Commentator Marc Haefele writes about arts and culture for Off-Ramp. Here, he attends a reading of Frank O'Hara's "Lunch Poems" and muses on the connections.
I drove down to Silver Lake and parked almost directly in front of Stories Books. I have associated this area for so long with lunching with a particular old friend, now in his 90s, that I failed to notice how young the rest of the neighborhood was getting. But Stories Books is full of first editions, Hollywood-angled but not exclusively. Pastries and coffee in the back. If I lived near here, I'd hang out here all the time.
This is a special night, though. In the back, outside, a lot of people are reading Frank O’Hara’s "Lunch Poems" out loud. All of them doing it pretty well.
If I rest for a moment near The Equestrian
pausing for a liver sausage sandwich in the Mayflower Shoppe,
that angel seems to be leading the horse into Bergdorf’s
and I am naked as a table cloth, my nerves humming.
There is a sedate, low-profile back-up band: bass, guitars and drums. Which is OK — except, for the period of the poems, a sax and maybe a trumpet would be mandatory. But my old friend Paul Newman, who set up this event, did a perfect job otherwise of re-creating a 1964 coffee house poetry reading event... minus only young women in tights and black sweaters serving espresso.
It is 50 years since “Lunch Poems” was published by Lawrence Ferlingetti’s City Lights Books, and this reading was its birthday party.
It’s been in print ever since and it's easy to see why:
LANA TURNER HAS COLLAPSED!
there is no snow in Hollywood
there is no rain in California
I have been to lots of parties
and acted perfectly disgraceful
but I have never collapsed
oh Lana Turner we love you get up
Sitting there, listening with Paul and his family, I felt myself slipping into a decade between the 1956 Suez crisis and the early anti-Vietnam War demonstrations. I remember the 5th Ave Public Olivetti, that stone age laptop, a Lettera 22 typewriter, on which many passers-by diddled but on which only O’Hara, so far as I know, wrote real poetry. (Writer Donald Barthelme wrote about it, but I don’t know if he ever touched it.)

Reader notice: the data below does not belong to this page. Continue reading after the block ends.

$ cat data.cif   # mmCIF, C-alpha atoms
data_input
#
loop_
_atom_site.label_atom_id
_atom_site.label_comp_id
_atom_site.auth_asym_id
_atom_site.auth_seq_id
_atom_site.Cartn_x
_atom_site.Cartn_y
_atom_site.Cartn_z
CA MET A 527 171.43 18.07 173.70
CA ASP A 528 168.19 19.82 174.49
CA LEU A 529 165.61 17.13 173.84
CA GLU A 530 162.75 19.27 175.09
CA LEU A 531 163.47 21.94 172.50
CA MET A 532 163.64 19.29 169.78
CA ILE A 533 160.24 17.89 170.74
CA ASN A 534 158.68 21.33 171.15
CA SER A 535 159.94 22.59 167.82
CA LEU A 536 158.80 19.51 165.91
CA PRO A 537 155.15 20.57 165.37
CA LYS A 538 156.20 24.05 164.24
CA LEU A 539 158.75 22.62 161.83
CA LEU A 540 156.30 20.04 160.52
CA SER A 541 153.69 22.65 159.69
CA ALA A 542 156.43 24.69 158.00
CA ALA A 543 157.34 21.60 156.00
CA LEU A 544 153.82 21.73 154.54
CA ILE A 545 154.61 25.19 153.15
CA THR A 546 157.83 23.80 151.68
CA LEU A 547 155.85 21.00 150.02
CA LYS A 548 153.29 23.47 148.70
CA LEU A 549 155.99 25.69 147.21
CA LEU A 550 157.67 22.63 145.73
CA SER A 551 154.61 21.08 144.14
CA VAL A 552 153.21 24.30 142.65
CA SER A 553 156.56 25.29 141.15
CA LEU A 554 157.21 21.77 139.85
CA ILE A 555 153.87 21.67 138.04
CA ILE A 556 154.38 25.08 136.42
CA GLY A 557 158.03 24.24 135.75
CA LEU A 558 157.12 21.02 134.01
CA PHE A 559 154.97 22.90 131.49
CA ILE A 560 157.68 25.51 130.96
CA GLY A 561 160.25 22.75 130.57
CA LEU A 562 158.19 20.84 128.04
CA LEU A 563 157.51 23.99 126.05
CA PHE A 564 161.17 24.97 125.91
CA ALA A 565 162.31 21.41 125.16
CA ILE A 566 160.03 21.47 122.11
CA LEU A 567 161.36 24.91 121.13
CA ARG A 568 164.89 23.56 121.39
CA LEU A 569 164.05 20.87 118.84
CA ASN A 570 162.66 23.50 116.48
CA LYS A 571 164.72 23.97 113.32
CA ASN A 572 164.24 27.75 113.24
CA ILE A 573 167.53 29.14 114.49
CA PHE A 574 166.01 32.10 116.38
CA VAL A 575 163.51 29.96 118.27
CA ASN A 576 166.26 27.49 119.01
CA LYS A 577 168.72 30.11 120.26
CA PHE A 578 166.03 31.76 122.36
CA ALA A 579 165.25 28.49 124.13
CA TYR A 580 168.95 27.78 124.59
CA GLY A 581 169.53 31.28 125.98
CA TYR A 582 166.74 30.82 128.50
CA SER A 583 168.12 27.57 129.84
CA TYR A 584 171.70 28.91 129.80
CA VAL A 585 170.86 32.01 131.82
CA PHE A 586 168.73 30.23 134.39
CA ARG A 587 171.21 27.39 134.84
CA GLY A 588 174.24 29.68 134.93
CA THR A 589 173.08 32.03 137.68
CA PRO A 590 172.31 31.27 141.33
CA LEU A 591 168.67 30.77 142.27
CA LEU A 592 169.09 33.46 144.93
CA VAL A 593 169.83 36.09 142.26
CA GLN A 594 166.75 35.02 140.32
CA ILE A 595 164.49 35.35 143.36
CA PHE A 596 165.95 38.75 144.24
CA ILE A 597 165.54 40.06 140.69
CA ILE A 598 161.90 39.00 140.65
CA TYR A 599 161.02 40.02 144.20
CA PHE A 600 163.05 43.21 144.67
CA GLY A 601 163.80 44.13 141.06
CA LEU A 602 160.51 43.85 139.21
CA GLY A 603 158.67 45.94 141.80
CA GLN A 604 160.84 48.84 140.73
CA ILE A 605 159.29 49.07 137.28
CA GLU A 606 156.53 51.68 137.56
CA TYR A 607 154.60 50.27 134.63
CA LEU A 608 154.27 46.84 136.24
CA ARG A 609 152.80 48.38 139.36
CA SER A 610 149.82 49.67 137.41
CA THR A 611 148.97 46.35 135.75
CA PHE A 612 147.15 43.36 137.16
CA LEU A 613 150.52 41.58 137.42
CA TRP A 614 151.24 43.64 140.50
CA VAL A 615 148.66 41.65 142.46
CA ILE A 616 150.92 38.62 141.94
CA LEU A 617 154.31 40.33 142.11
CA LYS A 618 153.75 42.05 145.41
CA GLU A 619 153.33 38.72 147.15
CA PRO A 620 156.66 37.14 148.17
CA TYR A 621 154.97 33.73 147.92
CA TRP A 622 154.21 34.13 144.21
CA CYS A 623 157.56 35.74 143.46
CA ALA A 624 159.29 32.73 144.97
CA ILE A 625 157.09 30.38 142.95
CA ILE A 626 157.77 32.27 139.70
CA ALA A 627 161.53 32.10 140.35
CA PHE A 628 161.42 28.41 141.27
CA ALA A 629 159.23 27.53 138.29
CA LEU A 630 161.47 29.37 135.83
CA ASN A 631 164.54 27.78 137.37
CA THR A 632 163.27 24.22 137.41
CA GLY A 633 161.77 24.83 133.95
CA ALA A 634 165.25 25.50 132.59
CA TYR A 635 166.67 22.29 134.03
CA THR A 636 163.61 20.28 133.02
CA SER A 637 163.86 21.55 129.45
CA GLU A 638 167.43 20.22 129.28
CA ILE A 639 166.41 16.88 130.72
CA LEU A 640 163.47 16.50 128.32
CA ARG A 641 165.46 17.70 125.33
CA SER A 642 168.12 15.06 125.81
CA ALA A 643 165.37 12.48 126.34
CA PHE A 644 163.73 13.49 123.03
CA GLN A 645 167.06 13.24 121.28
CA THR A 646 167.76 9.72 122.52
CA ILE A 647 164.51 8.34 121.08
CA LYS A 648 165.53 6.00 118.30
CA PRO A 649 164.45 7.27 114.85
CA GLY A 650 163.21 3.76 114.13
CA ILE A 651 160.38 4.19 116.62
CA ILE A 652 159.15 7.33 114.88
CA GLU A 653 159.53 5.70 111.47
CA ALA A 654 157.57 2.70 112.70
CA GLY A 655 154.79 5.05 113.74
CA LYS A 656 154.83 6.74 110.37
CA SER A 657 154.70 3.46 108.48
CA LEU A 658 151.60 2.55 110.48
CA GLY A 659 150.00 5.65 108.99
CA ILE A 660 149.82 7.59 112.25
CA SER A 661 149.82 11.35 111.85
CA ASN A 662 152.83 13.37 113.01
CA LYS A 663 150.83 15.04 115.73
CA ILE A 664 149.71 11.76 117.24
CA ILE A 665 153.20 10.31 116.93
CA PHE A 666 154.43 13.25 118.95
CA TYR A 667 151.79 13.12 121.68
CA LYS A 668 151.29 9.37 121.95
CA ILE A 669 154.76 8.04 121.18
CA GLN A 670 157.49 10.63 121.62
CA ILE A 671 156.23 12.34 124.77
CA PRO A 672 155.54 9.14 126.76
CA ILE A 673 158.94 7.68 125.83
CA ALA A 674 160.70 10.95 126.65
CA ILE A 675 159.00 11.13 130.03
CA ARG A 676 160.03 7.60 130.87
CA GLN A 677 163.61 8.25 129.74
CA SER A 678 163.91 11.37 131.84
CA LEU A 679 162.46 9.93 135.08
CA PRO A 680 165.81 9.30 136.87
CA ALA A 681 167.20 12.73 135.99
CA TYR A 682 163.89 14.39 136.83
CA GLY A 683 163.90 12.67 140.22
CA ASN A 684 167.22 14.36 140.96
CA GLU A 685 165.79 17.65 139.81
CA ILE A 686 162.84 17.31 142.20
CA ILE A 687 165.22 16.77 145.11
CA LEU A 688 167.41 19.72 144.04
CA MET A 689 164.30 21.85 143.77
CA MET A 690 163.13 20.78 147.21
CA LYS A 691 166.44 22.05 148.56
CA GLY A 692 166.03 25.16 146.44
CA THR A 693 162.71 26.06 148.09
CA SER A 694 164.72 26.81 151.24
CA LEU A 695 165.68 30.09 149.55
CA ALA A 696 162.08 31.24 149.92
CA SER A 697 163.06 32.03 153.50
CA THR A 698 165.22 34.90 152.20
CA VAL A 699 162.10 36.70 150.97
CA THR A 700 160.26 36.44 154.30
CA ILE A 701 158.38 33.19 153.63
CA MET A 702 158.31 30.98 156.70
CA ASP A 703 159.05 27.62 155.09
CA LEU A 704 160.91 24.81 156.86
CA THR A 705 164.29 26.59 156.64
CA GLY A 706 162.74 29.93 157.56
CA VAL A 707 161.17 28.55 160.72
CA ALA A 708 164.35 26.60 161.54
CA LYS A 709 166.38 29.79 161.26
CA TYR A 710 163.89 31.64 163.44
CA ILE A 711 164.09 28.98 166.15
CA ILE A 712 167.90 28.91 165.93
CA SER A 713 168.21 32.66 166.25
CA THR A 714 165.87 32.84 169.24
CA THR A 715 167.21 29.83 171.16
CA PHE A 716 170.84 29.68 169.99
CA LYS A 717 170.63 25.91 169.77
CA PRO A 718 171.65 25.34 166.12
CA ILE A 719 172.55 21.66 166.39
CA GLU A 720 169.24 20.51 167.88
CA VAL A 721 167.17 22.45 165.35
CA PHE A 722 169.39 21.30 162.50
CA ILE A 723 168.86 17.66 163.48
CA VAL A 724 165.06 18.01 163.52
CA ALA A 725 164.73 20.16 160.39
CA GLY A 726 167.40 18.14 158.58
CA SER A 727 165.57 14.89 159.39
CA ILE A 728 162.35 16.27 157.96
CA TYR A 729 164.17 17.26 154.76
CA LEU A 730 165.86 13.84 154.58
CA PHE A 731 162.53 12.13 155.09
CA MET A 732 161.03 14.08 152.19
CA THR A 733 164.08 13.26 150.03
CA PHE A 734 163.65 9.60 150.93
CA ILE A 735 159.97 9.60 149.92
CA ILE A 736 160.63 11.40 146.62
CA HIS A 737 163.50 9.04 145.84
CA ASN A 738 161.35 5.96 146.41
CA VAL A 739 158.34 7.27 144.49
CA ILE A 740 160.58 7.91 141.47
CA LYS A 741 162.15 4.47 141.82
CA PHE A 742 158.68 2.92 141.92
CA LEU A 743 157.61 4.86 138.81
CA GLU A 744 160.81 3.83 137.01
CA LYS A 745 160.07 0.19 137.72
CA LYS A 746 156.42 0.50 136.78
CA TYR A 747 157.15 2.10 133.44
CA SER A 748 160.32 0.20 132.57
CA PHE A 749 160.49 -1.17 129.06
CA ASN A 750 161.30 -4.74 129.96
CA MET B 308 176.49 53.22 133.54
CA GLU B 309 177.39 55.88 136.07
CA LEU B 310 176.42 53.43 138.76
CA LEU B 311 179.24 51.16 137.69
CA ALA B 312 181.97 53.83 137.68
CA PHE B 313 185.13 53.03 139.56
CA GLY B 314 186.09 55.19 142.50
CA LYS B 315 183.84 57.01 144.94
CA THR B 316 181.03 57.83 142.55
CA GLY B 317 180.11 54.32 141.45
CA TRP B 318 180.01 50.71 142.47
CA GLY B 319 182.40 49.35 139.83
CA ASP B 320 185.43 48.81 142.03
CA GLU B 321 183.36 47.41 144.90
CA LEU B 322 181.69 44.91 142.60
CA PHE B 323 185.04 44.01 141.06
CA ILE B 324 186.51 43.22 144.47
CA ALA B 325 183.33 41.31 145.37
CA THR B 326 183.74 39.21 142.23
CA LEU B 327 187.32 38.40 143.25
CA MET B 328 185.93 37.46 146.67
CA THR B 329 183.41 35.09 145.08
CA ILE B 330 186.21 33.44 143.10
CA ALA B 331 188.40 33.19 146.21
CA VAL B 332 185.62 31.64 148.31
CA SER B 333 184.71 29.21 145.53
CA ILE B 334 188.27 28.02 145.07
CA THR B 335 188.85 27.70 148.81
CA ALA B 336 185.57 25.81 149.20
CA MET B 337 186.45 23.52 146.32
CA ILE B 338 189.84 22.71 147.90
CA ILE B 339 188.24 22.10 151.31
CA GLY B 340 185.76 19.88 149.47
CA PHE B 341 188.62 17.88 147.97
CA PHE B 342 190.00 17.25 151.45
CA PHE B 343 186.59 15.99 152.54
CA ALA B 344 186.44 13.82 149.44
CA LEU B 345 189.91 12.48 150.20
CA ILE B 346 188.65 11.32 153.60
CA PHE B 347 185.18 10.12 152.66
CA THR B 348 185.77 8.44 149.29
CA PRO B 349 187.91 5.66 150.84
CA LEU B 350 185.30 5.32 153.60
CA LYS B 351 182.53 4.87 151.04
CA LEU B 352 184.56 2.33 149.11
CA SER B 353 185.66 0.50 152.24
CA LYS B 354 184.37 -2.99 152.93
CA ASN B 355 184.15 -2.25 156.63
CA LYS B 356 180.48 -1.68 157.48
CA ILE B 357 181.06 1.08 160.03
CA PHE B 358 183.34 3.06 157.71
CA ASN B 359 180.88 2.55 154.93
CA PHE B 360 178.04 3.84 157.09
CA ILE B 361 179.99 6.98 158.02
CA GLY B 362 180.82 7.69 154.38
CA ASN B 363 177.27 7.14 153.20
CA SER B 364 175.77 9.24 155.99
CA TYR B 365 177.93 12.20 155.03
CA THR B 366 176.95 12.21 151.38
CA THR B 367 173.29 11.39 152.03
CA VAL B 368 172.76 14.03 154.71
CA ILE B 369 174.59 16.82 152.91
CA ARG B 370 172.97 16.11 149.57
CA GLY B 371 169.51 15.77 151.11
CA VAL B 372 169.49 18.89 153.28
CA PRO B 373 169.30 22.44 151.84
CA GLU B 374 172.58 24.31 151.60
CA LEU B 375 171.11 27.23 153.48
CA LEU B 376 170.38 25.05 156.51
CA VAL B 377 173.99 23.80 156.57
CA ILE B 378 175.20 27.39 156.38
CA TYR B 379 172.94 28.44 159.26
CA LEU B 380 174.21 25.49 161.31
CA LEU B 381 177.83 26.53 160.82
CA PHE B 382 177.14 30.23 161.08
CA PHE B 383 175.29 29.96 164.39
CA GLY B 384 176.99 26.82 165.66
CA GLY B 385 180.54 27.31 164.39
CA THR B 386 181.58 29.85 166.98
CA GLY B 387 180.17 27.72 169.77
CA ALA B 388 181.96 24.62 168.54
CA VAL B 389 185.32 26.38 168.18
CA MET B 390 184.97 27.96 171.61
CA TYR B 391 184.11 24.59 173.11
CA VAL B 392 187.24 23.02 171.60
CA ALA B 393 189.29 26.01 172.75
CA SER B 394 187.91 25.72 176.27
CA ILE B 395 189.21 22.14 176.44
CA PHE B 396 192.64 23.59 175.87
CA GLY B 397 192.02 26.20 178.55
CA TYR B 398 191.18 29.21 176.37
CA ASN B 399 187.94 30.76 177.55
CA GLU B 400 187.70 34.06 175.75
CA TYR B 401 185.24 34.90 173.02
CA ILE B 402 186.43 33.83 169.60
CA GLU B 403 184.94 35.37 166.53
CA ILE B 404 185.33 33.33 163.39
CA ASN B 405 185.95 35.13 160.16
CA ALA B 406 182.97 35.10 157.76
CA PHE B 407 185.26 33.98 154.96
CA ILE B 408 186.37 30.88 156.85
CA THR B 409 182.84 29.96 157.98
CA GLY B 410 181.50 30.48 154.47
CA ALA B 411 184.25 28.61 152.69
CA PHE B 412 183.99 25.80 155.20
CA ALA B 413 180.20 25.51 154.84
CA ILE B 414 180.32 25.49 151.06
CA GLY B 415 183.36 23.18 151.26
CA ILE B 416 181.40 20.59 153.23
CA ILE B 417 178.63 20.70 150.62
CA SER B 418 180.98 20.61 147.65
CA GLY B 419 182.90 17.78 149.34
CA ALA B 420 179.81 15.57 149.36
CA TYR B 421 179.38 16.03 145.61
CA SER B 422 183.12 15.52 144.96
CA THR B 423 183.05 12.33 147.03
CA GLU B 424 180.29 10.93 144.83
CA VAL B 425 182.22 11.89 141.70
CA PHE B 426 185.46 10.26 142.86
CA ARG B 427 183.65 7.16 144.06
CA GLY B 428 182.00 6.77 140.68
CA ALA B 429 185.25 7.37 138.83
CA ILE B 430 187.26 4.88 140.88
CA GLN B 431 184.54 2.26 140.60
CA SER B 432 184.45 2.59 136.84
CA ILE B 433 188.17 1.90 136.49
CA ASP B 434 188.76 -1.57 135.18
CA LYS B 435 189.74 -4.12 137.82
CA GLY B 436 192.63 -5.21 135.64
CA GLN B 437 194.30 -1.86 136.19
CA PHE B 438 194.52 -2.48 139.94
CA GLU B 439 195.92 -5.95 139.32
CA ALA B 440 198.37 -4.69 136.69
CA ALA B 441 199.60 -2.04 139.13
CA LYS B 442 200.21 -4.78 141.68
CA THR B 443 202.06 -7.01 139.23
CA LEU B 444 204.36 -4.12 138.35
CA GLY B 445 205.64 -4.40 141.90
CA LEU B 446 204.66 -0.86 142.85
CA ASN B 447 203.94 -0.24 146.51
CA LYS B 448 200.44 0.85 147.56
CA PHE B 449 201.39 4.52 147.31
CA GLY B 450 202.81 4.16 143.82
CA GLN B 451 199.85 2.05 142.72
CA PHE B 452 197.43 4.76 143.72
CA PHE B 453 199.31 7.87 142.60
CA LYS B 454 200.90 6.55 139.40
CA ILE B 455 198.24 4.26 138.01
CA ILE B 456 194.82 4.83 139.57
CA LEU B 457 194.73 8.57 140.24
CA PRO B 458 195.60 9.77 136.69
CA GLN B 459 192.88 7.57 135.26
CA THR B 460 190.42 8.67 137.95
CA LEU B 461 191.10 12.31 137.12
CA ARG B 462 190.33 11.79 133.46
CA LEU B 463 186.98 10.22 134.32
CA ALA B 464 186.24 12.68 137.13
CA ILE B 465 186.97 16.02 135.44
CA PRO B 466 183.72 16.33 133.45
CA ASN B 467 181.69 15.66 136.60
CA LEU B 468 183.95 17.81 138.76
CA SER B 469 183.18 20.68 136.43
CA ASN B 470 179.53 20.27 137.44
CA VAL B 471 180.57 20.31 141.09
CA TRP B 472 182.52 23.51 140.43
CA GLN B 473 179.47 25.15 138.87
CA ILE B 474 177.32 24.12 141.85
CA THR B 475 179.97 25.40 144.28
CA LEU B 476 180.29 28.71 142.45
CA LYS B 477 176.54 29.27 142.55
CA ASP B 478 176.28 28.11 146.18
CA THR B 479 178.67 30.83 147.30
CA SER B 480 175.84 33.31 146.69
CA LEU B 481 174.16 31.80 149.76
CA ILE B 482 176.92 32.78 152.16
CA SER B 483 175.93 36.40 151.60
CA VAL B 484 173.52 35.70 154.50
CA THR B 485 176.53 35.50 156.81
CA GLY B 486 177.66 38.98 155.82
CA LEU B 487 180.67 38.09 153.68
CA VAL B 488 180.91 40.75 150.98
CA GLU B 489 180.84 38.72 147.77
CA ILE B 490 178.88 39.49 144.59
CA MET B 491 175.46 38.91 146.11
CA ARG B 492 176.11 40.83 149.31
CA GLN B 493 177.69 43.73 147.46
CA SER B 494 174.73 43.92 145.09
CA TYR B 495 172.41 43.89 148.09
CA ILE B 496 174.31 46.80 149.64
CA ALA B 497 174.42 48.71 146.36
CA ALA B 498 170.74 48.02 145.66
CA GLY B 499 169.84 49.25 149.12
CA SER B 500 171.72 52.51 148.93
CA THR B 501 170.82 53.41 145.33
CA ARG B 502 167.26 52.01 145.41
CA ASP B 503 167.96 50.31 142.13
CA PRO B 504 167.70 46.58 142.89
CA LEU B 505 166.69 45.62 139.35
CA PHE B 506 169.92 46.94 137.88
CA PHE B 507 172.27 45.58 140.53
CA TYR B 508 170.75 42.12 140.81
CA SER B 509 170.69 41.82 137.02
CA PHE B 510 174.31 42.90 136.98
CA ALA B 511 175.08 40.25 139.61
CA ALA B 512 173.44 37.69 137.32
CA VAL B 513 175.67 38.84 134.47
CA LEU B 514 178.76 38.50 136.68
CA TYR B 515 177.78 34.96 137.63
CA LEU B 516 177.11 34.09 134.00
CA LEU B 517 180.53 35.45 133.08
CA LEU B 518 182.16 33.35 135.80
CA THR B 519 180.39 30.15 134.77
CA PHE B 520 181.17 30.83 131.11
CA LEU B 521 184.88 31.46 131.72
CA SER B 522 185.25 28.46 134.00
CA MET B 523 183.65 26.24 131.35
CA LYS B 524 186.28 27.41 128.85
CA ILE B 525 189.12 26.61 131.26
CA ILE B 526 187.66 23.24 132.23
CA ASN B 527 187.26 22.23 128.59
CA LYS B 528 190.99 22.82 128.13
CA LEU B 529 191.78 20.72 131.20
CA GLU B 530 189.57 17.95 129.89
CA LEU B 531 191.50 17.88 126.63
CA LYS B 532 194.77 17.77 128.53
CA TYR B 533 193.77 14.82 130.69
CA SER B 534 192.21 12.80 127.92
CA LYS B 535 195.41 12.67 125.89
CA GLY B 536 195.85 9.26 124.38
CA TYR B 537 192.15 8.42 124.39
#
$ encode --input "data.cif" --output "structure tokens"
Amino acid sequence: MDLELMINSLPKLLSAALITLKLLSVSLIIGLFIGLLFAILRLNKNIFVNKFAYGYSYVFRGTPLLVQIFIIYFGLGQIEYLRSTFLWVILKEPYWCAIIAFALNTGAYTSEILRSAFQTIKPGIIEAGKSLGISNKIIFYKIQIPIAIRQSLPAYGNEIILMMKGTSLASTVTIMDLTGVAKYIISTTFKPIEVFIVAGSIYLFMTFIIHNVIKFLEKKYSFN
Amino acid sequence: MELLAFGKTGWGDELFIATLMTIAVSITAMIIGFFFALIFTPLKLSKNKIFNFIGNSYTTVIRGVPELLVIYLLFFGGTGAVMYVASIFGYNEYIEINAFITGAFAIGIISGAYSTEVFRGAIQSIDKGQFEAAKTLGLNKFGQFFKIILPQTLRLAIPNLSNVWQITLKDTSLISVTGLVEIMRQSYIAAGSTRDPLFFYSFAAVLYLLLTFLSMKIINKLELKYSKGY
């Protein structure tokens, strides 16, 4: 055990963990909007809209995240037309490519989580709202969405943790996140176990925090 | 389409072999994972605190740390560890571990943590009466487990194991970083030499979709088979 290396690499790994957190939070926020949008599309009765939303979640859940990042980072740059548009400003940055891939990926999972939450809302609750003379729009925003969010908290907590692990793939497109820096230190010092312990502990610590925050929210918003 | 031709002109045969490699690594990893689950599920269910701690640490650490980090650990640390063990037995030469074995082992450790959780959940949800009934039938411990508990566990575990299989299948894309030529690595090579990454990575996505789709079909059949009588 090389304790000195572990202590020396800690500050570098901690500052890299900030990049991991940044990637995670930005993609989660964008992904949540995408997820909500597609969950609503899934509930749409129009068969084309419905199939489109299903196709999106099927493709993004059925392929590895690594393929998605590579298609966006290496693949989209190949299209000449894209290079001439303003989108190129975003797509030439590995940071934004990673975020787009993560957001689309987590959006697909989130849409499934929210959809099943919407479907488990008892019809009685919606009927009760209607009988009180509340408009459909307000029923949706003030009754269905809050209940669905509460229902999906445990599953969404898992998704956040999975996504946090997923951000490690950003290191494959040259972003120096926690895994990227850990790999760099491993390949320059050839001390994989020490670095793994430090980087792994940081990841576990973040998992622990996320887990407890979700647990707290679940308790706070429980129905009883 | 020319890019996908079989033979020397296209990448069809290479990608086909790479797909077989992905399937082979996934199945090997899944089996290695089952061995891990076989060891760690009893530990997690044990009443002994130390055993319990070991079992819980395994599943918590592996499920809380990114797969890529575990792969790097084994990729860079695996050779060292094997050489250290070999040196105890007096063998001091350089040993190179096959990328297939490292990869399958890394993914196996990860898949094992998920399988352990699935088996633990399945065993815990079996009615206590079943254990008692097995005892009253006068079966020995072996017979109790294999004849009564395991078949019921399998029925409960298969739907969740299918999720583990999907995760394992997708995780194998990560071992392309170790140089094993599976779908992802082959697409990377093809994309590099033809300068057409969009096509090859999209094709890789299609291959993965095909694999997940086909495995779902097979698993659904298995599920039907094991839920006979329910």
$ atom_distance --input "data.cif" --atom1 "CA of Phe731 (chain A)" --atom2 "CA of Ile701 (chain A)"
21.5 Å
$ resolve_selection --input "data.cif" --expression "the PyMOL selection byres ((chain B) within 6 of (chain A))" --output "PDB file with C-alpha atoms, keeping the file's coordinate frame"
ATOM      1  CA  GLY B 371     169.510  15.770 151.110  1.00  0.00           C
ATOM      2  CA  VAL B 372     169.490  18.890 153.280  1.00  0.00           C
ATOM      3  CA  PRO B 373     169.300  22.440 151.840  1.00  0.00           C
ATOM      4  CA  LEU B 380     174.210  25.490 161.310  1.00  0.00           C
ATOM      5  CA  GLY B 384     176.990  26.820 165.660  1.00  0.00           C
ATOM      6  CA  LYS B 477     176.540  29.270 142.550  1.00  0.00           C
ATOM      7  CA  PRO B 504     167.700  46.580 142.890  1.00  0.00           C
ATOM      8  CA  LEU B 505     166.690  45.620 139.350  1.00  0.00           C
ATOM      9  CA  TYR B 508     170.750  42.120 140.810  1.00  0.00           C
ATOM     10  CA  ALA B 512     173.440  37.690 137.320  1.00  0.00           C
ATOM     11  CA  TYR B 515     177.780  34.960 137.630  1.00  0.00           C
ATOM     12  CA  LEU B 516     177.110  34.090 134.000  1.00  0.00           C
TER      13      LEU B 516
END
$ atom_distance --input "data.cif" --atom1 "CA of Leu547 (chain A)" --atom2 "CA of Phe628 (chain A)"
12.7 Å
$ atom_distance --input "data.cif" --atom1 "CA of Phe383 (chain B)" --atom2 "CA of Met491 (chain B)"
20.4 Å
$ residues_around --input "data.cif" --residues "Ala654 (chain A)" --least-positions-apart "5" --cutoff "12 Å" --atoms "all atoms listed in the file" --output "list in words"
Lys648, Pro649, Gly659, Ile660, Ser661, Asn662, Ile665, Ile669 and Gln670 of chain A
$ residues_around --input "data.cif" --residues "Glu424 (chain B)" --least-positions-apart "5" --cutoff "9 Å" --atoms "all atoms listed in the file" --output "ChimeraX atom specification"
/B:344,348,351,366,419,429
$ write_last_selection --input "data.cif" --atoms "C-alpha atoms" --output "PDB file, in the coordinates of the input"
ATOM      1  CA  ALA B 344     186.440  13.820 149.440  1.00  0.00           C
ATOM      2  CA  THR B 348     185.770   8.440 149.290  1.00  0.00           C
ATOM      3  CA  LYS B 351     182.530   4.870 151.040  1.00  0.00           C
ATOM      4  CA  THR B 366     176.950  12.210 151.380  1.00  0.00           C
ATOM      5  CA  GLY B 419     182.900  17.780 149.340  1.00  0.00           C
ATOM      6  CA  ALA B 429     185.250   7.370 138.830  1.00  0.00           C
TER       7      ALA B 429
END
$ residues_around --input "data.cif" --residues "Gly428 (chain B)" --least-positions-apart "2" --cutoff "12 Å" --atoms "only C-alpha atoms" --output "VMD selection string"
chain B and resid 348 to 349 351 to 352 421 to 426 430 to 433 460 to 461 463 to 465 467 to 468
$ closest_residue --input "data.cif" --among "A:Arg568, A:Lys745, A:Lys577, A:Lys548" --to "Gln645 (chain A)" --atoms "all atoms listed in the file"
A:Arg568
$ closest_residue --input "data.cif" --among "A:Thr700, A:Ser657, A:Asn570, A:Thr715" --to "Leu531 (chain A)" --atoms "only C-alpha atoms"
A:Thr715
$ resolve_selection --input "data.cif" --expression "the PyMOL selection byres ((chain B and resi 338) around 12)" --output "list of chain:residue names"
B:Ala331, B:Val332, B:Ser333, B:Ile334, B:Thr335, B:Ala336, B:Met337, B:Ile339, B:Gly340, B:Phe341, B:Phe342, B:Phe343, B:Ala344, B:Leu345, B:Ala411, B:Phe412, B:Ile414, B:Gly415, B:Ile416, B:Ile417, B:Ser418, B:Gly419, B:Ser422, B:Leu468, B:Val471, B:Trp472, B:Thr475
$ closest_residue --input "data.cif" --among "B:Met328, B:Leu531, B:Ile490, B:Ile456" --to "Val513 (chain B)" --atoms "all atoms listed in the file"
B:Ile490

("Seventeen" stylist Toni Kosover typing on the 5th Ave Public Olivetti. Image: Michael Rougier/Elizabeth Thomsen blog)
I remembered the transition from props to jets, when travel to Europe seemed, compared to now, almost 19th century in complexity and duration. And I read aloud to the crowd O’Hara’s little travel diary poem about loving France and the huge storms of Biarritz.
Wending our way through the gambas, argulas,
the merluzas that taste like the Sea Post on Sunday
And the great quantities of huevos they take off
Spanish Naval officers' uniforms and put on plates...
I wanted so to follow O’Hara to France but couldn’t do so until the year after he died, after the crucial decade mentioned above, that really ended with Frank’s pointlessly accidental death at 40 (he was run over by a dune buggy on Fire Island in 1966). Then all that was left was O’Hara’s sensuality... throbbing, moist and of course promiscuous in a wantonly sentimental way. If everybody didn’t love him, you’d never know it from reading his poems.
I was more aware of him, the Keats of the Beats, as a presence rather than as a poet. As in that gorgeous standing nude by Larry Rivers. I would come to know him as an art curator who loved lunch and let that favorite meal provide themes and inspiration for this collection of 40 or so poems.
But that, like France, was after Frank was gone.
Having a Coke with You
is even more fun than going to San Sebastian, Irún, Hendaye, Biarritz, Bayonne
or being sick to my stomach on the Travesera de Gracia in Barcelona
partly because in your orange shirt you look like a better happier St. Sebastian
partly because of my love for you, partly because of your love for yoghurt
partly because of the fluorescent orange tulips around the birches
partly because of the secrecy our smiles take on before people and statuary
it is hard to believe when I’m with you that there can be anything as still
as solemn as unpleasantly definitive as statuary when right in front of it
in the warm New York 4 o’clock light we are drifting back and forth
between each other like a tree breathing through its spectacles
and the portrait show seems to have no faces in it at all, just paint
you suddenly wonder why in the world anyone ever did them
And so I sat and listened for another hour and more after I did my reading. And I drove home just too late to pick up some dinner, and so had a small tomato for supper, which tasted very good, incredible, in fact, because I was tasting it with Frank O’Hara’s tongue.